World AIDS Day

Ambassador Nancy Bikoff Pettit
 December 1, 2017

In June 1981, the U.S. Centers for Disease Control and Prevention (CDC) published a report describing cases of a rare lung infection in five young, previously healthy, gay men in Los Angeles.  The report described other unusual infections in the men, indicating that their immune systems were not working.  The Associated Press and the Los Angeles Times published details of the report on the same day and the following day, the San Francisco Chronicle published the story.  Within days, doctors from across the United States flooded the CDC with reports of similar cases.

It has been 36 years since the first published reports by the CDC of what would come to be known as HIV/AIDS.  This disease has wrought enormous suffering and devastation and caused more than 35 million deaths, including nearly 400 Latvians who die each year from AIDS-related illnesses, according to the National Institutes for Health (NIH) and UNAIDS.  There are now 36.7 million people living with HIV worldwide, including 2.1 million innocent children under the age of 15.

Today, as we commemorate World AIDS Day here in Latvia and around the globe, we pause to honor those who have lost their lives to AIDS, recommit to those living with HIV, and celebrate the caregivers, families, friends, and communities that support them.  On this day, I want to share a message of hope and optimism.  Despite the grim statistics, our fight against HIV/AIDS and the struggle against the stigma surrounding it, we continue to make progress and provide hope to suffering individuals and their families.  As we mark World AIDS Day, let us recommit ourselves to ending HIV/AIDS as a public health threat.

The theme of World AIDS Day 2017 is “Increasing Impact Through Transparency, Accountability, and Partnerships.”  Ambassador Deborah L. Birx, M.D., U.S. Global AIDS Coordinator and U.S. Special Representative for Global Health Diplomacy, emphasized that this year’s theme reflects the United States government’s longstanding leadership in addressing HIV/AIDS both at home and abroad and how we are increasing our impact to move epidemics from crisis toward control.  As a world-renowned medical expert who spent a career of three decades focused on HIV/AIDS immunology, vaccine research, and global health, Ambassador Birx noted that we have a historic opportunity to accelerate progress toward ending the HIV/AIDS epidemic as a public health threat around the world.  I am pleased that this year’s theme also emphasizes the critical role of transparency, accountability, and partnerships in reaching our collective goals.  The United States stands with Latvia as it seeks to halt the advance of HIV/AIDS.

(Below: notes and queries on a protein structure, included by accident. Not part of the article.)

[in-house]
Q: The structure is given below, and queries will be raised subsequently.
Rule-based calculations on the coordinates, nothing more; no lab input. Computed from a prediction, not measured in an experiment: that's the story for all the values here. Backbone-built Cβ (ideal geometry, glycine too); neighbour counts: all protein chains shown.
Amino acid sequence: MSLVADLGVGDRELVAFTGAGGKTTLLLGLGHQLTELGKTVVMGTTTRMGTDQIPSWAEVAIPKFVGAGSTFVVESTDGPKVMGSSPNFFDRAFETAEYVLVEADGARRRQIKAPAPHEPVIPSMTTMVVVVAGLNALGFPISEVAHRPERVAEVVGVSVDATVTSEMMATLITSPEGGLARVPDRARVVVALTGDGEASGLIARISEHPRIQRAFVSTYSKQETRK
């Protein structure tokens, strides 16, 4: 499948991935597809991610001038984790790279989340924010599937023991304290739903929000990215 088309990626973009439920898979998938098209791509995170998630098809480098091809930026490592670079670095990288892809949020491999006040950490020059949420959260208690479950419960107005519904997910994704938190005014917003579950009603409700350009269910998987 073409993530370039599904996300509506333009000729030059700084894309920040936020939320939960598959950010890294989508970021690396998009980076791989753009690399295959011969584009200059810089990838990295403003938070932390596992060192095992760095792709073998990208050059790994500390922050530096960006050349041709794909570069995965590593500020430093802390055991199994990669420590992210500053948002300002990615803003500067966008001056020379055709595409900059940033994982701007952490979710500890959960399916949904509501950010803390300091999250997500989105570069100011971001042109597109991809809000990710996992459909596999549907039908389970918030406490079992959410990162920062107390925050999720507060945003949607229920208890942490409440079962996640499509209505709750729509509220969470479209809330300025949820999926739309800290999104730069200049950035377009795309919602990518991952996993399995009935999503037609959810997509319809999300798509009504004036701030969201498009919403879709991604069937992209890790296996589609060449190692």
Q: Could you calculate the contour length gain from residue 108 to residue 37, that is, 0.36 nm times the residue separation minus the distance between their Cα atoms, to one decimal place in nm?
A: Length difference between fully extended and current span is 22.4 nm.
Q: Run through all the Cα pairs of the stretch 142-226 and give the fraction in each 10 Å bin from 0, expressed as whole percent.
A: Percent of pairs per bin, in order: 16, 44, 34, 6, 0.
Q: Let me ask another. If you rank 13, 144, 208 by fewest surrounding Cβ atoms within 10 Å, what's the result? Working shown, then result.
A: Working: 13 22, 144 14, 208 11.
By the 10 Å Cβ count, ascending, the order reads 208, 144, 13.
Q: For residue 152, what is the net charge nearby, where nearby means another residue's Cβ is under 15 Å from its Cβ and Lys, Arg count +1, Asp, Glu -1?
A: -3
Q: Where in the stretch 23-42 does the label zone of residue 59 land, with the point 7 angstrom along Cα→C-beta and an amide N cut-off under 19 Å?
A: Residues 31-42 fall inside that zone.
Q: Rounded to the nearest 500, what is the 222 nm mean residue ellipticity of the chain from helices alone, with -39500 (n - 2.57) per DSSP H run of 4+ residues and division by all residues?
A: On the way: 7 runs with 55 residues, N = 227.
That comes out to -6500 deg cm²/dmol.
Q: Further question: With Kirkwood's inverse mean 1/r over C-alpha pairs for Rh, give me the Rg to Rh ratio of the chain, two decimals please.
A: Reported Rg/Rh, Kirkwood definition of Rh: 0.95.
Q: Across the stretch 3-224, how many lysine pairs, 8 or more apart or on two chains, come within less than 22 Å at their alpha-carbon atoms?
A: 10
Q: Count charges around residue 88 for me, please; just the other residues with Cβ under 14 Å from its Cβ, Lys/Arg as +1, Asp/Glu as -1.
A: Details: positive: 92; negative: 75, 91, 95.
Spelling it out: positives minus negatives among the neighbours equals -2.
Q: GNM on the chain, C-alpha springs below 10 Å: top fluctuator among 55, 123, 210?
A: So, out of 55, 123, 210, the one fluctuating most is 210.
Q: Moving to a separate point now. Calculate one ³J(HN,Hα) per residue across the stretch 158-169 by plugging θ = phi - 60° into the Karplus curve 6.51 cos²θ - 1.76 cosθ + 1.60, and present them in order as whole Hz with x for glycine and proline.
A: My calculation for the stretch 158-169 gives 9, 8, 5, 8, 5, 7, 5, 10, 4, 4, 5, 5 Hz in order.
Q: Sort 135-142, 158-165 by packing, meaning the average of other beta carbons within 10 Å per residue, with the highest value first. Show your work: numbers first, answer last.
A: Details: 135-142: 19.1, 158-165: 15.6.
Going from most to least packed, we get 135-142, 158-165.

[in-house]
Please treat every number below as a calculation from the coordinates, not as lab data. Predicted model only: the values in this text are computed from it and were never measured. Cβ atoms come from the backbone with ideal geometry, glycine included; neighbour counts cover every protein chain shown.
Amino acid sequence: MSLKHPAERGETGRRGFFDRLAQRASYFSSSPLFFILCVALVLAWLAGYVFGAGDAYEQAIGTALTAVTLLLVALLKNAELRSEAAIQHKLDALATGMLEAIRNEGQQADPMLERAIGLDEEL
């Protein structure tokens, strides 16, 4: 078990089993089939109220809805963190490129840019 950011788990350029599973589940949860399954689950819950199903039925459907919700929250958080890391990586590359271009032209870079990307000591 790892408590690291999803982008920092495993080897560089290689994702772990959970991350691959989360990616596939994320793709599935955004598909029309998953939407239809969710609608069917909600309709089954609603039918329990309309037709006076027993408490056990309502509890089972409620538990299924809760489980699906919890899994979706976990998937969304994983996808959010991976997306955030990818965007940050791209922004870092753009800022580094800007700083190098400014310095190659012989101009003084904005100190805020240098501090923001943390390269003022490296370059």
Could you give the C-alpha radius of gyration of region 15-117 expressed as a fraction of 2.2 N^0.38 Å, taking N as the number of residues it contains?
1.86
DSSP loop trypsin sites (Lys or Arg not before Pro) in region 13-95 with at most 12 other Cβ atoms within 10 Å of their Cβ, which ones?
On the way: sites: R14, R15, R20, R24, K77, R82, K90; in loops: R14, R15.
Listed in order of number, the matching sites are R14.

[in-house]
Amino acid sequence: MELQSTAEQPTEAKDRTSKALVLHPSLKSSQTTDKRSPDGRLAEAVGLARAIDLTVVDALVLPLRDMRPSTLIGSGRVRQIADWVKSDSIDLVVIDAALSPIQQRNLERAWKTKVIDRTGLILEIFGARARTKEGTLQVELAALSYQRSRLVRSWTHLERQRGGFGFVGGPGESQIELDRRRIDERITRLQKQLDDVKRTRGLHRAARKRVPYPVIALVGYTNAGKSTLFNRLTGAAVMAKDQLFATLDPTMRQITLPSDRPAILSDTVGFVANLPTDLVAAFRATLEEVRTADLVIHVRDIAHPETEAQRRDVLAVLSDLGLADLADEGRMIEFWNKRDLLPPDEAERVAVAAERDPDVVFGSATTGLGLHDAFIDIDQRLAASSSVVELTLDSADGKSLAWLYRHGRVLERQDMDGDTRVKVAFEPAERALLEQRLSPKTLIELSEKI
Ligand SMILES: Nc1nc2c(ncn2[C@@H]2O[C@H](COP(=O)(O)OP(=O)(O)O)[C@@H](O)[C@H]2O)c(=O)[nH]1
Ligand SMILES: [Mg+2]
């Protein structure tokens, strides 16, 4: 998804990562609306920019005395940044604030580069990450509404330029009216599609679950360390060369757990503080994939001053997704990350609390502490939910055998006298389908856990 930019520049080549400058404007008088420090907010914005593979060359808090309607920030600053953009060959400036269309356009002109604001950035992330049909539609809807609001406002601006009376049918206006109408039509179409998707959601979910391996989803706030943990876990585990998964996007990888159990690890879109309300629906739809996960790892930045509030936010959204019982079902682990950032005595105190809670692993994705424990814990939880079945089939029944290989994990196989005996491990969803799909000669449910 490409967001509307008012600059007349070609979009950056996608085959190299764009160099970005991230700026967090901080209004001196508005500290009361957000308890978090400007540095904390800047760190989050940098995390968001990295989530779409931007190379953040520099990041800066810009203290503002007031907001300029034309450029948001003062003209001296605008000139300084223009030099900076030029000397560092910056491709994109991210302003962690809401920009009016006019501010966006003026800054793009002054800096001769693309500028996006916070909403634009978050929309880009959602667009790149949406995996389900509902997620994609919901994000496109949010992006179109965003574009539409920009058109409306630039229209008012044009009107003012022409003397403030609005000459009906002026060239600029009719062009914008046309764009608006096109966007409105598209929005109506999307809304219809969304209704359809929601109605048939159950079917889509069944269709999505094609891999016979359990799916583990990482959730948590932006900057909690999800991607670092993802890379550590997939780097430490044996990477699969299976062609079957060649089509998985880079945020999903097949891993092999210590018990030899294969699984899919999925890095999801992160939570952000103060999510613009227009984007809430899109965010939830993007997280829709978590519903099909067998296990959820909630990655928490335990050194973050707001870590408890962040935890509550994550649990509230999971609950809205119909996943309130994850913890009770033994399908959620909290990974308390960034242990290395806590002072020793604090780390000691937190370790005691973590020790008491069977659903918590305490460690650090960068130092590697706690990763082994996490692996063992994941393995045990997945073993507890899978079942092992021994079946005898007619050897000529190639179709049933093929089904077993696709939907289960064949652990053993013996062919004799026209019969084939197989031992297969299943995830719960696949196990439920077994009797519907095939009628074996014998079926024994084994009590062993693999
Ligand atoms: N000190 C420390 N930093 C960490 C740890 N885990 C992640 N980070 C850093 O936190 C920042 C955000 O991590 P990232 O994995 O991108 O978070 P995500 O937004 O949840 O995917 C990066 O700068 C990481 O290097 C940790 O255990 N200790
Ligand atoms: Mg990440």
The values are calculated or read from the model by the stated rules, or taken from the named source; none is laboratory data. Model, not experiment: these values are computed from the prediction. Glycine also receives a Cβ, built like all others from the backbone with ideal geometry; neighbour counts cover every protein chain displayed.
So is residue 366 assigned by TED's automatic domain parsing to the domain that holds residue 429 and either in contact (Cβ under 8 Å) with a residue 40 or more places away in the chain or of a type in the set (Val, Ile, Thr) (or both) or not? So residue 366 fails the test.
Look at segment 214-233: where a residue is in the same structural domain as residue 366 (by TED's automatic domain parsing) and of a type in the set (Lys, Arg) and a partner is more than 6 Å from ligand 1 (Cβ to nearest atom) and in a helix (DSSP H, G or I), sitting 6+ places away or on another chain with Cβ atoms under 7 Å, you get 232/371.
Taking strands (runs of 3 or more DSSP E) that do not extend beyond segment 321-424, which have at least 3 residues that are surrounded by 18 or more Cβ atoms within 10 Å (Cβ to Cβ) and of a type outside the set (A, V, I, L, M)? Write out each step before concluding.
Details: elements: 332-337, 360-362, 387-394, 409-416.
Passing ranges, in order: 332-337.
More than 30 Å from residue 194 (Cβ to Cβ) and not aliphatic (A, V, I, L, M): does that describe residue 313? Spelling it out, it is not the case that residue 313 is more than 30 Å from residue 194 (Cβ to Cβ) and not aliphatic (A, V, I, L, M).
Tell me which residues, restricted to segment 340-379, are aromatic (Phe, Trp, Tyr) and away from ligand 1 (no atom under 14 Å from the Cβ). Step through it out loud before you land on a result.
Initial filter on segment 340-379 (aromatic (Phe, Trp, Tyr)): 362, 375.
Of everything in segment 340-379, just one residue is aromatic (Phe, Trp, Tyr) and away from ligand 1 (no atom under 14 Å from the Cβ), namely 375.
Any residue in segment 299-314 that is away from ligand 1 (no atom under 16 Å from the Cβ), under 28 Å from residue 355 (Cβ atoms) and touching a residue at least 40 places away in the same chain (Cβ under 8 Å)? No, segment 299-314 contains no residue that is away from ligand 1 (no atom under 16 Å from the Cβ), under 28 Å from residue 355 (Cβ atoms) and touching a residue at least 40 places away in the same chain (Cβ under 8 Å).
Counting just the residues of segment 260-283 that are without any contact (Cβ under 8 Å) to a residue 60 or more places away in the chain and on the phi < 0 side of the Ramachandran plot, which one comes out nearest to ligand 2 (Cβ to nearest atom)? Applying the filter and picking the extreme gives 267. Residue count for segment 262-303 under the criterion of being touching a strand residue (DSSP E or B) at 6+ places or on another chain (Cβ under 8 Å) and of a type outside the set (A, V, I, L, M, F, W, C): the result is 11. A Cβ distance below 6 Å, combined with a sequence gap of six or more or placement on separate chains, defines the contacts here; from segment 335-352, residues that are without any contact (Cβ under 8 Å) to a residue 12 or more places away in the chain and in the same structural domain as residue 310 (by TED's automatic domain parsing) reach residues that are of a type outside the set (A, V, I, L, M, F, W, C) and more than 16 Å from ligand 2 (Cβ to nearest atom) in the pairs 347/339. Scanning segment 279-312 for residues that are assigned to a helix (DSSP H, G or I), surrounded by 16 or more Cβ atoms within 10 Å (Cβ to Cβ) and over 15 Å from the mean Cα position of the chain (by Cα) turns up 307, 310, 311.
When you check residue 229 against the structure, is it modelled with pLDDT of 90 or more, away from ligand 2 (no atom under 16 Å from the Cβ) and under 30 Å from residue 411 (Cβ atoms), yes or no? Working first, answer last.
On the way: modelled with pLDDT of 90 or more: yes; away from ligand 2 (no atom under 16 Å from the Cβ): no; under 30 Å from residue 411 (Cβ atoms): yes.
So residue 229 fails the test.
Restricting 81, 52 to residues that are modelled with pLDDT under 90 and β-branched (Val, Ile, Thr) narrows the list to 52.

According to the NGO Baltic HIV Association, Latvia now has one of the highest rates of new HIV cases in the European Union – a distinction that no country seeks nor wants.  In 2016, Latvia overtook Estonia in the number of new HIV cases with the number of officially registered new HIV cases at 18.5 cases per 100,000 citizens.  According to the Center for Disease Prevention and Control (CDPC) of Latvia, as of January 2017 there were 6,972 people infected with HIV in the country, including 365 new cases in 2016.  Unfortunately, that statistic represents one person per day in Latvia becoming aware that he or she is infected with HIV.  To me, equally frightening is that experts estimate only 60 percent of people with HIV know their status – so, in reality, these figures are likely even higher.  The data also show that most new cases are still transmitted through sexual contact, but not as you would expect.  Contrary to stereotypes promulgated through various false narratives, some 38 percent of new HIV cases in Latvia occur through heterosexual contact and only 6.6 percent through homosexual contact.  This is a problem facing all of us – men, women, and children, not just specific minority groups, and certainly not only in Latvia.

Fortunately, there are several organizations in Latvia doing excellent and vital work to raise awareness, combat the spread of HIV/AIDs, and support HIV/AIDS patients.  For example, the patient support organizations DIA+LOGS, AGIHAS, and HIV.LV have been helping Latvians affected by HIV/AIDS to access services and improve their quality of life, and the organization BaltHIV serves as a regional resource center for HIV/AIDS.  The U.S. Embassy stands ready to promote and support the efforts of such organizations, and to build upon their important accomplishments.